Nearly 10% of Patients Having Balloon Angioplasty, Stent Placed Go Back to Hospital in Days
Readmitted patients after PCI also had higher risk of death within one year; most readmitted for cardiac-related problems
Nov. 28, 2011 - In an analysis of the outcomes for more than 15,000 patients who underwent a percutaneous coronary
intervention (PCI; procedures such as balloon angioplasty or stent placement used to open narrowed coronary arteries), nearly one in 10 were
readmitted to the hospital within 30 days, and these patients had a higher risk of death within one year, according to a study published
Online First by the Archives of Internal Medicine, one of the JAMA/Archives journals.
Most of the readmissions were for cardiac-related reasons. Various factors were associated with hospital readmission, including female sex, Medicare insurance, unstable angina and
"Thirty-day readmission rates have become a quality performance measure, and the Center for Medicare and Medicaid
Services (CMS) publicly reports hospital-level, 30-day, risk-standardized readmission rates for patients hospitalized with congestive heart
failure (CHF), acute myocardial infarction [AMI; heart attack], and for patients undergoing PCI," the researchers write in explaining their
study. "However, little is known regarding the factors associated with 30-day readmission after PCI."
The study by Farhan J. Khawaja, M.D., of the Mayo Clinic and Mayo Foundation, Rochester, Minn., and colleagues, was to
identify factors associated with 30-day readmission rates, the reason for the readmission, and the association of 30-day readmission with
one-year mortality for patients after PCI.
For the study, the researchers identified 15,498 PCI hospitalizations (elective or for acute coronary syndromes) from
January 1998 through June 2008. Various models were used to estimate the adjusted association between demographic, clinical, and procedural
variables and 30-day readmission and 1-year mortality.
The researchers found that overall, 1,459 patients who had PCI procedures (9.4 percent) were readmitted within 30 days.
There were 106 deaths within 30 days (0.68 percent), including 33 deaths that occurred during or after a readmission and
73 deaths that were not associated with a readmission.
"After multivariate analysis, demographic factors associated with an increased risk of 30-day readmission after PCI
included female sex, Medicare insurance, and less than a high school education.
The clinical and procedural factors associated with an increased risk of readmission included CHF at presentation,
cerebrovascular accident or transient ischemic attack, moderate to severe renal disease, chronic obstructive pulmonary disease, peptic ulcer
disease, metastatic cancer, and a length of stay of more than three days," the authors write.
Of the 1,459 PCIs readmitted within 30 days, 1,003 (69 percent) were readmitted for cardiac-related reasons.
After adjustment for various factors, patients who were readmitted within 30 days had a higher rate of death at one year
compared with patients who were not readmitted.
"Thirty-day risk-standardized readmission rates after PCI have become a publicly reported performance measure, and there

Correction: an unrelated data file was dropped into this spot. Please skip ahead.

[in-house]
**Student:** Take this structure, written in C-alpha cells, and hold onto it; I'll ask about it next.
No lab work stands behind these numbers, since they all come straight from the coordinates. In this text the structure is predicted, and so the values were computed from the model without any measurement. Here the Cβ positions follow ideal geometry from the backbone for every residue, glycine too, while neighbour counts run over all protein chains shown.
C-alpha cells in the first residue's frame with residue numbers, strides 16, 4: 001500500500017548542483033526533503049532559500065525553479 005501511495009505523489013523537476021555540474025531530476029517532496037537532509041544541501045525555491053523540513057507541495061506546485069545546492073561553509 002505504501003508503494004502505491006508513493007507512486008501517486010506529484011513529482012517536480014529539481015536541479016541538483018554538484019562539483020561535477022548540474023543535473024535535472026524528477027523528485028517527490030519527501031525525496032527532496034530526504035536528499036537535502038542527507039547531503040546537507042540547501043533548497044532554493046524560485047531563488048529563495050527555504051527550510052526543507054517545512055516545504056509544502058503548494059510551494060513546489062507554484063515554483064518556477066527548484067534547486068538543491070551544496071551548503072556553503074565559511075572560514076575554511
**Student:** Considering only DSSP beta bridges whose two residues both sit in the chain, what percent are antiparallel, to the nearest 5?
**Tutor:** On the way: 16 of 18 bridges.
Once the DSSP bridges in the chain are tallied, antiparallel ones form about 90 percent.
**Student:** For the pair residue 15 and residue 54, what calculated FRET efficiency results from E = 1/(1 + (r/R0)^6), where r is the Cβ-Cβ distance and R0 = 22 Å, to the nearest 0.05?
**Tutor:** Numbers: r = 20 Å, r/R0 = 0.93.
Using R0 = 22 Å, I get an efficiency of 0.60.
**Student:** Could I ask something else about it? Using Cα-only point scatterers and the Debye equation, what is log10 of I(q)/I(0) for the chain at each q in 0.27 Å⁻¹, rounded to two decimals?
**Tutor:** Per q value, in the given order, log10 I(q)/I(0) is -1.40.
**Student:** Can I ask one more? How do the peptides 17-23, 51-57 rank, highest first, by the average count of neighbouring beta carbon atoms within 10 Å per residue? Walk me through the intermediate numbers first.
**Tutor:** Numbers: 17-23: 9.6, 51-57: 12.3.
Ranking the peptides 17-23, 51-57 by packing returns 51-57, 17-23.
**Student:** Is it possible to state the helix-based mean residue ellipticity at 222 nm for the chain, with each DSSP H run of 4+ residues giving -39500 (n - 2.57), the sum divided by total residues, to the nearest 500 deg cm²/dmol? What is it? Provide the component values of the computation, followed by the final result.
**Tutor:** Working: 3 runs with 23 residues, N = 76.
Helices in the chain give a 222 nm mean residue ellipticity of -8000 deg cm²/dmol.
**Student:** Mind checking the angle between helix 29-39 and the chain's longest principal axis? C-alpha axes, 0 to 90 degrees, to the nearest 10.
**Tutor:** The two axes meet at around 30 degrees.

is high interest from hospitals and clinicians to understand and improve modifiable factors associated with 30-day readmission rates," the
"Lack of early follow-up has been associated with increased risk of readmission among patients with heart failure and may
also be playing a role in patients undergoing PCI. Early follow-up allows patients and clinicians to ensure understanding and compliance, and
to gauge the effectiveness of therapies.
The educational component of follow-up cannot be underestimated because in one study, less than half of patients were
able to list their diagnoses and the names, purpose, and adverse effects of their medications at the time of discharge. Education at the time
of discharge and early follow-up also needs to be tailored to patient education level, which has previously been shown to be associated with
the risk of readmission among Medicare beneficiaries."
This study was funded by the Division of Cardiovascular Diseases, Mayo Clinic, Rochester, Minn.
Commentary: Prediction Is Very Hard, Especially About the Future
In an invited commentary accompanying the article, Adrian F. Hernandez, M.D., M.H.S., and Christopher B. Granger, M.D.,
of Duke University Medical Center, Durham, N.C., write that "in the end, reducing hospital readmission rates by preventing progression of
disease and occurrence of events should be a goal of care."
"To reduce readmissions, we need better evidence on effective approaches that address our health systems shortcomings,
ideally identifying and intervening in the most vulnerable patients.
Early outpatient follow-up may be a strategy to reduce readmissions but other interventions will be necessary for this
complex, multifaceted problem. Understanding the common issues between PCI readmissions vs. other medical or surgical conditions will be
necessary to have broad-based solutions.
The challenge is determining what, if any, of these solutions will reduce readmissions and improve overall quality of
care during this period of patient vulnerability and fragmented care."
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